Association of Apolipoprotein B and Nuclear Magnetic Resonance Spectroscopy-Derived LDL Particle Number With Outcomes in 25 Clinical Studies: Assessment by the AACC Lipoprotein and Vascular Diseases Division Working Group on Best Practices

Study Questions:

Are either of the new methods for assessing cardiovascular disease risk, of apolipoprotein B (apo B) or indirectly by nuclear magnetic resonance (NMR) spectroscopy of serum low-density lipoprotein particle number (LDL-P), superior for predicting cardiovascular disease (CVD) events?


The number of circulating LDL particles is a strong indicator of future CVD events, and has consistently been shown to be superior to LDL cholesterol. Atherogenic (primarily LDL) particle number is typically determined either directly by the serum concentration of apo B or indirectly by NMR spectroscopy of serum LDL-P. The authors thus assessed the comparability of apo B and LDL-P. A total of 25 clinical studies containing 85 outcomes were reviewed. All studies measured both biomarkers.


In 21 of 25 (84.0%) studies, both apo B and LDL-P were significant for at least one CVD outcome. Neither was significant for any outcome in only one study (4.0%). In 50 of 85 comparisons (58.8%), both apo B and LDL-P had statistically significant associations with the clinical outcome, whereas in 17 comparisons (20.0%), neither was significantly associated with the outcome. In 18 comparisons (21.1%), there was discordance between apo B and LDL-P.


The authors concluded that in most studies, both apo B and LDL-P were comparable for predicting clinical outcomes, with nearly equivalent ability to assess risk for CVD. Currently, in the opinion of this Working Group on Best Practices, apo B appears to be the preferable biomarker for guideline adoption because of its availability, scalability, standardization, and relatively low cost.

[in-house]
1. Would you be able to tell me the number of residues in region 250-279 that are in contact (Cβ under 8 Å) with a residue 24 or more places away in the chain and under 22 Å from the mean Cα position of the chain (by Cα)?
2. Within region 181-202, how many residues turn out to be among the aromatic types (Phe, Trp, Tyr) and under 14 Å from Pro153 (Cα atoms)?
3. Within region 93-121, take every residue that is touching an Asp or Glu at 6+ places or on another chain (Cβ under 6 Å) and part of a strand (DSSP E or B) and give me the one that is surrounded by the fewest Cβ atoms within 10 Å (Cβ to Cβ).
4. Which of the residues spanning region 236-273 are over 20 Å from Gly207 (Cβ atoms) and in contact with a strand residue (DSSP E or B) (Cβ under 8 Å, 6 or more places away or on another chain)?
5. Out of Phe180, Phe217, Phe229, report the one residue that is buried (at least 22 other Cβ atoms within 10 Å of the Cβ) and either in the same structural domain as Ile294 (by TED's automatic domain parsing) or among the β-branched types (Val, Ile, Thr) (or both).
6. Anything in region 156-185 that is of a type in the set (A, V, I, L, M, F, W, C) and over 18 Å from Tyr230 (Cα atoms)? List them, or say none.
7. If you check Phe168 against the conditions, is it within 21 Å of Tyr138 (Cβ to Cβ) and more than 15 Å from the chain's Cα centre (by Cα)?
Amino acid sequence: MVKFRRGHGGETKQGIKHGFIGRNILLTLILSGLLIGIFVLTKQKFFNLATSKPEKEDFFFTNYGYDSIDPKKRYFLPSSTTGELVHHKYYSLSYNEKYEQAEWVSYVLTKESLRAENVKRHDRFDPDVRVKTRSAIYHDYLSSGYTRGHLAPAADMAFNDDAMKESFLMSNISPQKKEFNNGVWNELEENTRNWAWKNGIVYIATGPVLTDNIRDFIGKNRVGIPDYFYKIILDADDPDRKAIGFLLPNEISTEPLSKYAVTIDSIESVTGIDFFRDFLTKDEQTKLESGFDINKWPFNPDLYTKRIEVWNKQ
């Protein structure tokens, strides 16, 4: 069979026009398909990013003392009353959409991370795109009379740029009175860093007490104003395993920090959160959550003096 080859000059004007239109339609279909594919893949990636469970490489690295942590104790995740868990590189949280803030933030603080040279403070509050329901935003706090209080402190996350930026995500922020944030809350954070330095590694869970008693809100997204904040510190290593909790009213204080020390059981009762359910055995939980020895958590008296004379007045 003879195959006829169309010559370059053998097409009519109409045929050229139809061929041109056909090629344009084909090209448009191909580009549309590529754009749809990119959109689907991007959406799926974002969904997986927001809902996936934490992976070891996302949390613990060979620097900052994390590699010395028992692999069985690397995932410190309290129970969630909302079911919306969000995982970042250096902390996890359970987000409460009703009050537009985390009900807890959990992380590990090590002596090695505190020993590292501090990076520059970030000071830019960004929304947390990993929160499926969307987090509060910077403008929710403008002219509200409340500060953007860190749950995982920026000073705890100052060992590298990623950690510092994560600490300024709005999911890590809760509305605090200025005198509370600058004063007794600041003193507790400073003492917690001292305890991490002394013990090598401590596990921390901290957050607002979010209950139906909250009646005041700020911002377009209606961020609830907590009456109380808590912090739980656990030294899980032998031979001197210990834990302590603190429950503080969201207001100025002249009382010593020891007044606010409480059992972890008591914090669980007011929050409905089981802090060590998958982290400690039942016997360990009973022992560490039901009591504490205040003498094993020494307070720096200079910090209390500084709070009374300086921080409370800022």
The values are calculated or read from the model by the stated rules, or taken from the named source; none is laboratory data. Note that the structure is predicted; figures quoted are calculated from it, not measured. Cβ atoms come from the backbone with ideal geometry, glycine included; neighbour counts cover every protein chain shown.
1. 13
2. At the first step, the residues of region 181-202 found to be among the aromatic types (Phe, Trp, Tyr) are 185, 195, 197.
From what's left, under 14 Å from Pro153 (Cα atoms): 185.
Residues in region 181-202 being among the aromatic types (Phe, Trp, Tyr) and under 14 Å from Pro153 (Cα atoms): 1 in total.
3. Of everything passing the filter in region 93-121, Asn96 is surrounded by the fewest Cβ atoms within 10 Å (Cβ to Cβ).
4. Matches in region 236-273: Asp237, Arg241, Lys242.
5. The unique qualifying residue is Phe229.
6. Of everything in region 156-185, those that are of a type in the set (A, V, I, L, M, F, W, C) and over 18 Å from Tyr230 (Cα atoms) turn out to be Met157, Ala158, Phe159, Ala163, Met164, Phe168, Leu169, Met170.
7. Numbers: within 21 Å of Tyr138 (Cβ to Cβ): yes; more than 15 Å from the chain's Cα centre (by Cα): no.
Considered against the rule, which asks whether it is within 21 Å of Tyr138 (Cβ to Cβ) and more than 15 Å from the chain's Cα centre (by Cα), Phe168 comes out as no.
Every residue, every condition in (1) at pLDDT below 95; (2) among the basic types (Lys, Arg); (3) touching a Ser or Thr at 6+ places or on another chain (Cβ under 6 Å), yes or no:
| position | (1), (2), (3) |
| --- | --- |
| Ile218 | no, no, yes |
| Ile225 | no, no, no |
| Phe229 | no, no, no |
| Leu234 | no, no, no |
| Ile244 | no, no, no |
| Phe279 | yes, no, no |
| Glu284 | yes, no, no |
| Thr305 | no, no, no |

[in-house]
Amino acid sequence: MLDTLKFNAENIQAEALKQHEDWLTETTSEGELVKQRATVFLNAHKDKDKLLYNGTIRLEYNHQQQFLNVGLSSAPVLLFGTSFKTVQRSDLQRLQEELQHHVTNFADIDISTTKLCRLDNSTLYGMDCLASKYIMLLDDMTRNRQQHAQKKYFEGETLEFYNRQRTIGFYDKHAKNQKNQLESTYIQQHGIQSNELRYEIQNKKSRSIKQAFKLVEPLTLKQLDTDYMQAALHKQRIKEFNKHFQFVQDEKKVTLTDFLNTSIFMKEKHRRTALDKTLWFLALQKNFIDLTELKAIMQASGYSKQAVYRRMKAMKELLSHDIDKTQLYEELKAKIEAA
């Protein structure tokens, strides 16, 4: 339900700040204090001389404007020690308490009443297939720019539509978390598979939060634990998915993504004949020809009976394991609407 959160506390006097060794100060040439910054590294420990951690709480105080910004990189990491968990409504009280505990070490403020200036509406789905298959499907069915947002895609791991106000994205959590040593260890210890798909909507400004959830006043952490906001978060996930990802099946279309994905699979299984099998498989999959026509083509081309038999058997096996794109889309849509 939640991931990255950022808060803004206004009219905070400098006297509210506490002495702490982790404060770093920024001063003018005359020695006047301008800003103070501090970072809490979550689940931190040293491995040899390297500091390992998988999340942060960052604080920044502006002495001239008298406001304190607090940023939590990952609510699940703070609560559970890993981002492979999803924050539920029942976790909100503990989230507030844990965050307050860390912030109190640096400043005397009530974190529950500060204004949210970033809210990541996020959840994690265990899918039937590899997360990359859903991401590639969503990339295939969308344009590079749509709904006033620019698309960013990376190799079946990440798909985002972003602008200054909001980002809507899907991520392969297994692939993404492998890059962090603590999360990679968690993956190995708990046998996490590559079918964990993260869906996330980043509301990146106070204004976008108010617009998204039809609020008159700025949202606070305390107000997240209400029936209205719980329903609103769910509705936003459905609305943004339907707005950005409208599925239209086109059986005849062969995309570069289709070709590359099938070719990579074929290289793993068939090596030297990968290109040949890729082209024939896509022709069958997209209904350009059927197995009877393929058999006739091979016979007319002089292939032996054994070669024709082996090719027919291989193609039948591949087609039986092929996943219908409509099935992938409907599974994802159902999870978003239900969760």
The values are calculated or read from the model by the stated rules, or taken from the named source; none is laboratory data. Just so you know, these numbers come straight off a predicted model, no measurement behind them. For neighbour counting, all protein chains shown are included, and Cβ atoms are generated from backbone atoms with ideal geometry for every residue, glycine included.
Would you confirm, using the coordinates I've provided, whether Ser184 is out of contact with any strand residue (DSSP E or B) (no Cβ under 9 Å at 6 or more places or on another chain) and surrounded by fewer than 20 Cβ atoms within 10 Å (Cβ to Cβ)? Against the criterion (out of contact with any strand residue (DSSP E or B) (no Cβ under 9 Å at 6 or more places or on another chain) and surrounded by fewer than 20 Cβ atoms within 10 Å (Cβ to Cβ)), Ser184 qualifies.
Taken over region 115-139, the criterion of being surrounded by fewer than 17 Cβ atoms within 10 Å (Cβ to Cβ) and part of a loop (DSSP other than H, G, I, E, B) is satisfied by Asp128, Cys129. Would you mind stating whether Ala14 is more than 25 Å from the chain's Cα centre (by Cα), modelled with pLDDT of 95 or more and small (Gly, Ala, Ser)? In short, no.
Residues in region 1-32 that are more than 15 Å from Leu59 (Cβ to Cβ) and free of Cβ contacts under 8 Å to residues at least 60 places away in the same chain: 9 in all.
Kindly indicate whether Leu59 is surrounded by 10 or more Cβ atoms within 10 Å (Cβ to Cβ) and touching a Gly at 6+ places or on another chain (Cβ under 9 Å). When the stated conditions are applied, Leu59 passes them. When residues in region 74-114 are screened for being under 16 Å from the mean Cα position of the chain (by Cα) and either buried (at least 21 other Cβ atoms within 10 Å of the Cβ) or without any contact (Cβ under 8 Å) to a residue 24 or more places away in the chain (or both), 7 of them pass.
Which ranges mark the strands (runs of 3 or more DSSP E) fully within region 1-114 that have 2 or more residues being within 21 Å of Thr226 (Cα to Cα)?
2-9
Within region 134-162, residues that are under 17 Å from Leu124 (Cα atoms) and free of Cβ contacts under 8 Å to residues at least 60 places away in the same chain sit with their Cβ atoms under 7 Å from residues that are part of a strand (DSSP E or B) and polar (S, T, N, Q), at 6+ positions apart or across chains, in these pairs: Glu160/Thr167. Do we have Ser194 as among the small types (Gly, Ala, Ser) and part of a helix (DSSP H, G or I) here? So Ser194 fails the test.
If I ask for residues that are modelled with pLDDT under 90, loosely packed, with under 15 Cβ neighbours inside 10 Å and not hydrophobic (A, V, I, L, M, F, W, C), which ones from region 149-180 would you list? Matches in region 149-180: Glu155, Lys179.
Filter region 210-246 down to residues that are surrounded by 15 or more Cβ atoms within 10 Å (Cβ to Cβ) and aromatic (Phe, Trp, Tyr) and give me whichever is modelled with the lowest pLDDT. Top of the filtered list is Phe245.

This comprehensive and well-done meta-analysis of trials comparing the calculation of LDL with direct measures of particle number by measurement of apoB or NMR, indicated the superiority of these latter methods. Yet to be defined is the optimal way for clinicians to implement this testing. One limitation was the failure to compare with non&endash;high-density lipoprotein cholesterol, which has also been shown to be superior to LDL measurement alone. Nonetheless, this is an important issue that is thought to be one of the reasons for the delays seen in the publication of the Adult Treatment Panel 4 document. This is an issue for which clinicians should become familiar.

Clinical Topics: Diabetes and Cardiometabolic Disease, Dyslipidemia, Lipid Metabolism, Nonstatins

Keywords: Biological Markers, Cholesterol, LDL, Cholesterol, HDL, Risk Assessment, Magnetic Resonance Spectroscopy

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